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A complete range of PFAS removal solutions and technologies 

What is PFAS?


PFAS stands for Per- and Poly-Fluoroalkyl Substances, a group of more than 4700 widely used synthetic chemicals. They all contain carbon-fluorine bonds, which are one of the strongest chemical bonds in organic chemistry, thus they are not easy-degradable and remain in the environment. Furthermore, they accumulate in animal and human tissue and are toxic at low levels of bioaccumulation, causing endocrine, nervous system, and several other health problems.

PFAS have been used extensively worldwide since the 1940s in various products such as non-stick household items, food-packaging, cosmetics, electronics, and firefighting foams.

As the awareness of the presence and environmental and health impacts of PFAS has been growing, several countries have published guidelines and regulations addressing PFAS concentrations in drinking water. The US Environmental Protection Agency has set the PFOA and PFOS (individually or combined) limit in drinking water to 70 ng/L, whereas for the UK, Germany, Italy, Netherlands, and Sweden, it is 10, 300, 30–500, 200–390, and 90 ng/L, respectively.



PFAS Removal Technologies


PFAS are found in rivers, lakes, and reservoirs all over the world. The most common types of PFAS detected are perfluorooctanoic acid (PFOA) and perfluorooctane sulfonic acid (PFOS), which have already been phased out of production in Europe and the United States. The highest levels of PFAS contamination are found in industrial and urban areas, as well as in areas with a high population density.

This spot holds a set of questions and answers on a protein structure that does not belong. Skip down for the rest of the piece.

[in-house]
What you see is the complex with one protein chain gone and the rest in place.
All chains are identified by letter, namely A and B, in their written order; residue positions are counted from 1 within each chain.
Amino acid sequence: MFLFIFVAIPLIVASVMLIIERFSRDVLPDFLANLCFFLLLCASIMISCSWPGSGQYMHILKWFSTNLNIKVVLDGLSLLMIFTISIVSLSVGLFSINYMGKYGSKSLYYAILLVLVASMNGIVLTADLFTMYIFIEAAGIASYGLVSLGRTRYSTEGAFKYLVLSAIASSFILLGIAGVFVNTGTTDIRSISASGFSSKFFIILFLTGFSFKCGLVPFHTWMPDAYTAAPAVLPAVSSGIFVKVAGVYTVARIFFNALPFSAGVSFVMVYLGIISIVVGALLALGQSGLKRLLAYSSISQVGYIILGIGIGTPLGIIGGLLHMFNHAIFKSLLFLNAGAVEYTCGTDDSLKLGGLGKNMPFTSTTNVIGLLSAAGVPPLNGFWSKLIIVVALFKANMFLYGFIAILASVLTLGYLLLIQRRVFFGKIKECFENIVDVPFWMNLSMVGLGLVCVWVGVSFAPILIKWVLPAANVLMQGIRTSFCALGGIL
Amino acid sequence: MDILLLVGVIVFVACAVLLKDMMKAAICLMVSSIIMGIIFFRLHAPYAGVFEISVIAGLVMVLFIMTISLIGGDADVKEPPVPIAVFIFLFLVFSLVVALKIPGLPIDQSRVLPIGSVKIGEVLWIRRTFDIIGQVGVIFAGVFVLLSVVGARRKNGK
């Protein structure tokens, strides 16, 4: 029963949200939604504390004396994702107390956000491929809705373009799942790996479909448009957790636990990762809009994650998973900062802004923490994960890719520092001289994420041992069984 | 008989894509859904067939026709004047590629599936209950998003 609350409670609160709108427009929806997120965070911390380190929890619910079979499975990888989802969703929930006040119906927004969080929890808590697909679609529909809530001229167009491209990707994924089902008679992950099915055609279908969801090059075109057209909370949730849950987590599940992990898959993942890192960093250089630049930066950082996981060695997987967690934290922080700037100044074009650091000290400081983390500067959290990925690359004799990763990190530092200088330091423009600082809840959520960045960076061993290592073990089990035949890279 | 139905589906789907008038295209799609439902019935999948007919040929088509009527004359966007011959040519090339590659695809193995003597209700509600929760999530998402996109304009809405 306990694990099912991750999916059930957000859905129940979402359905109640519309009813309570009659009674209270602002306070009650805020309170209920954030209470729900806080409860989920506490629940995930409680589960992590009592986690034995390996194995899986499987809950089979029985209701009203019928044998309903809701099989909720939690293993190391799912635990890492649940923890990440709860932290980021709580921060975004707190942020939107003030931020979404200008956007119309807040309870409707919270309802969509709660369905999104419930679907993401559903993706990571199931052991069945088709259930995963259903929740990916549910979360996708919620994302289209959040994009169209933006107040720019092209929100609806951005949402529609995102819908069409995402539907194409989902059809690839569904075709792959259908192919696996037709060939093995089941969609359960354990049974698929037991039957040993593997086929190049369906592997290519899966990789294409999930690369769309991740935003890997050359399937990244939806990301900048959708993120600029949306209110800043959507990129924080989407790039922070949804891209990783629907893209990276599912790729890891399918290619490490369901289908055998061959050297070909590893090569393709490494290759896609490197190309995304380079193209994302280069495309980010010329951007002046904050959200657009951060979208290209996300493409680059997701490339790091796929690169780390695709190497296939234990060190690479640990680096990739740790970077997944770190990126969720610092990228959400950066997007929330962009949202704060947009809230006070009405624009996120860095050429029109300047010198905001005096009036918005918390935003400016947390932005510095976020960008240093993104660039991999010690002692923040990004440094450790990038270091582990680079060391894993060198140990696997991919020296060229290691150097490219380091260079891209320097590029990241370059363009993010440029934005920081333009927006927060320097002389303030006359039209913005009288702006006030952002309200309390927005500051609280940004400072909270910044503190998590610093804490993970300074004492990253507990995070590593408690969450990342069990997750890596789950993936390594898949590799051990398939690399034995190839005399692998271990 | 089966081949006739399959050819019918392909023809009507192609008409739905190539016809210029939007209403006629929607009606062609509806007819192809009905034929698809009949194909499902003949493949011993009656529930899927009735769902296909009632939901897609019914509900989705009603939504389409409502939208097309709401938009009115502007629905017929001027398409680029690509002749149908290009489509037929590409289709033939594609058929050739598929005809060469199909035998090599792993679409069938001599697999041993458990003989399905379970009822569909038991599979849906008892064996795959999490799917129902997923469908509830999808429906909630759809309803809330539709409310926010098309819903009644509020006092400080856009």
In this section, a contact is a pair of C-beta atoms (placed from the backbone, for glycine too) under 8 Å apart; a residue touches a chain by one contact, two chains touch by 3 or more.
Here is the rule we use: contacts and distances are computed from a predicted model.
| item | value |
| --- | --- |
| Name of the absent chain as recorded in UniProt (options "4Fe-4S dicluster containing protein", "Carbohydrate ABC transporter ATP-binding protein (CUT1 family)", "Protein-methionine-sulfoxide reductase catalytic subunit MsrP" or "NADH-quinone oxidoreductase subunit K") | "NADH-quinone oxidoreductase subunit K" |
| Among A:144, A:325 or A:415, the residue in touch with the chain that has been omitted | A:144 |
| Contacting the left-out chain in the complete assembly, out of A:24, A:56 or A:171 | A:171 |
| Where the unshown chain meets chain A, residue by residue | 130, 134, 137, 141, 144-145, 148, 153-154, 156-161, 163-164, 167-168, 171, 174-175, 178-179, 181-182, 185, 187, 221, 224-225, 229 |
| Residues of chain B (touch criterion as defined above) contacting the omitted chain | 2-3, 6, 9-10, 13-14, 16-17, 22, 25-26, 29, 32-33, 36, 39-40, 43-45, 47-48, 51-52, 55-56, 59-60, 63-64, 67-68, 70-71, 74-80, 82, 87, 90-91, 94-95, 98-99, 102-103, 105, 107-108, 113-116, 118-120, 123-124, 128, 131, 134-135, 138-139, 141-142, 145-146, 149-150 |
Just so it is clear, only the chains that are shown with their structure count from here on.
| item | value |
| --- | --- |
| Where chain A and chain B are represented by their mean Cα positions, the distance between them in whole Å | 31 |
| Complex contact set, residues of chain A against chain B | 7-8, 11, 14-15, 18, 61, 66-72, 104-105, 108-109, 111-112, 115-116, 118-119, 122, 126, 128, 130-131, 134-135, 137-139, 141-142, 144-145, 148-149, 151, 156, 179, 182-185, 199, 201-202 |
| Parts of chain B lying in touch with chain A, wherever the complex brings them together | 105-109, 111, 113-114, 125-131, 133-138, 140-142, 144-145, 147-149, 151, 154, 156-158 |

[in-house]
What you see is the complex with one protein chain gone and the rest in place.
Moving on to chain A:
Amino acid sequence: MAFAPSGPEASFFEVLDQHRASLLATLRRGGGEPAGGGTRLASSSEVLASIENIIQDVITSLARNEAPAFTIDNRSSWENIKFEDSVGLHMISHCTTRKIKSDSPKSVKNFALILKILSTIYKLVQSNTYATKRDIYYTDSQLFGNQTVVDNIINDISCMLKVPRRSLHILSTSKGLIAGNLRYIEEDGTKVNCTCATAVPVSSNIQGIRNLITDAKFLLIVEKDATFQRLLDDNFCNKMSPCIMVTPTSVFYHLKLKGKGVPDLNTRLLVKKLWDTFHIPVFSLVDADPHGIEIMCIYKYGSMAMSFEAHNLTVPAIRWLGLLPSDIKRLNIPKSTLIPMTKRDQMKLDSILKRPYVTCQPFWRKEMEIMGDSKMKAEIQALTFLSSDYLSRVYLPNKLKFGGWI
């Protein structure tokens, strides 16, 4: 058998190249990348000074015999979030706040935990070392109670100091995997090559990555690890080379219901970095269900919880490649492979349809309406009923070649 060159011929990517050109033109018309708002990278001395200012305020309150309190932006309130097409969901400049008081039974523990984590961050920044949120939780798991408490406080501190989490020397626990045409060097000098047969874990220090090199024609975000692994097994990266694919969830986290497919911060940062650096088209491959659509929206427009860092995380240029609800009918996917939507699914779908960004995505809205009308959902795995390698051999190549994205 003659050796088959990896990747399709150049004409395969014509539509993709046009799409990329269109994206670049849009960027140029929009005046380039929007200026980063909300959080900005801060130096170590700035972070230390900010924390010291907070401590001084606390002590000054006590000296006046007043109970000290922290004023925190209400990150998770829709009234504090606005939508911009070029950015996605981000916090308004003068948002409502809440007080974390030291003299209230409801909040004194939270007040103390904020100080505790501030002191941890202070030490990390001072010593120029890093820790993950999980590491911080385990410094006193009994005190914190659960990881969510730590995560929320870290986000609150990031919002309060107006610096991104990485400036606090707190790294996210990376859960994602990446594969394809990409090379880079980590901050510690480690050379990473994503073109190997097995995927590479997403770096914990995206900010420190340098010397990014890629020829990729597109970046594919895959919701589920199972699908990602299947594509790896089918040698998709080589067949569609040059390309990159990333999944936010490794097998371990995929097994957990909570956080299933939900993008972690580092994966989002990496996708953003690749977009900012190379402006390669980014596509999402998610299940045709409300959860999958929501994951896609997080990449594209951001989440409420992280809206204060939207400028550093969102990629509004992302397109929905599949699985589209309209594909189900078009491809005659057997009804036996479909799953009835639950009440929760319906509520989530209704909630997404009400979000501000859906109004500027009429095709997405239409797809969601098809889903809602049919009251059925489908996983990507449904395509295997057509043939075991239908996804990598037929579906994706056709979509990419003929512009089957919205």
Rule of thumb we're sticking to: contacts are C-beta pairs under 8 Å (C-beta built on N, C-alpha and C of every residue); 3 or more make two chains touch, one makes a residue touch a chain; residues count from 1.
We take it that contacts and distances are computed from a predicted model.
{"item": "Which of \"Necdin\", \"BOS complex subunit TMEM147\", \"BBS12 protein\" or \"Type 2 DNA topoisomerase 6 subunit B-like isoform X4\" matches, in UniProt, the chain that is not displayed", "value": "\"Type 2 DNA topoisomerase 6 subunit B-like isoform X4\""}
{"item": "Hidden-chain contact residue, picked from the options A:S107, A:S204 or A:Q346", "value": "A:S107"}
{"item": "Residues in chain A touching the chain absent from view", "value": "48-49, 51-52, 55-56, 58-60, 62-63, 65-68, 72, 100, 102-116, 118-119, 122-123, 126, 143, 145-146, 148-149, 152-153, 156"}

PFAS projects include:

Cleanup of municipal wastewater treatment water, prior to discharge (recycling back into the environment).

Cleanup of industrial wastewater prior to being discharged into a receiving body.

Treatment of municipal drinking water that has been contaminated with PFAS.



At IDE we offer a complete range of removal solutions:


Carbon adsorption

Specialty anion ion exchange resin

Reverse osmosis or nanofiltration

Other typical water purification techniques, include biodegradation, micron filtration, sand filtration, ultrafiltration, coagulation, flocculation, clarification, and oxidation by ultraviolet light, hypochlorite, chlorine dioxide, chloramine, ozone, or permanganate, are not able to effectively remove PFAS from water/wastewater.


Granular Activated Carbon (GAC):

GAC can remove low concentrations (ng/L) from drinking water. Long-chain PFAS (e.g. legacy PFAS as PFOA and PFOS) are efficiently (>90%) removed by GAC depending on the flow rate of the water, carbon bed depth, empty bed contact time and the temperature of the medium. The presence of other organic matters reduces adsorption efficiency. Inefficient for removal of short-chain PFAS. The carbon media may be recycled for use elsewhere after the PFAS is burned off.

Ion-Exchanger (IX):

An ion-exchanger is efficient for removal of anionic and long-chain PFAS at low concentrations (ng/L). Adsorption capacity is higher compared to GAC and the adsorption kinetics is faster. It is less efficient for water containing organic or inorganic matter and is limited in removal of short-chain PFAS. The media is typically used once and incinerated but the resin lasts a long time, so the economics are attractive.

Membrane (RO/NF):

Membrane technology is effective for short-chain as well as long-chain PFAS. Other organic and inorganic impurities are also removed. High removal rate and time-efficiency. Fouling of membranes due to inorganic, organic, biological, and colloidal impurities. Requires brine management, which can be overcome by partnering it with a destruction process or further treated with carbon, or in some cases, ion exchange before discharge. As the volume of rejected water is small relative to the feed, the economics may succeed. The stream could also be deep well injected or treated by evaporation-crystallization followed by incineration or landfill. The energy requirement for membrane wastewater treatment is high compared to adsorption or ion exchange resin.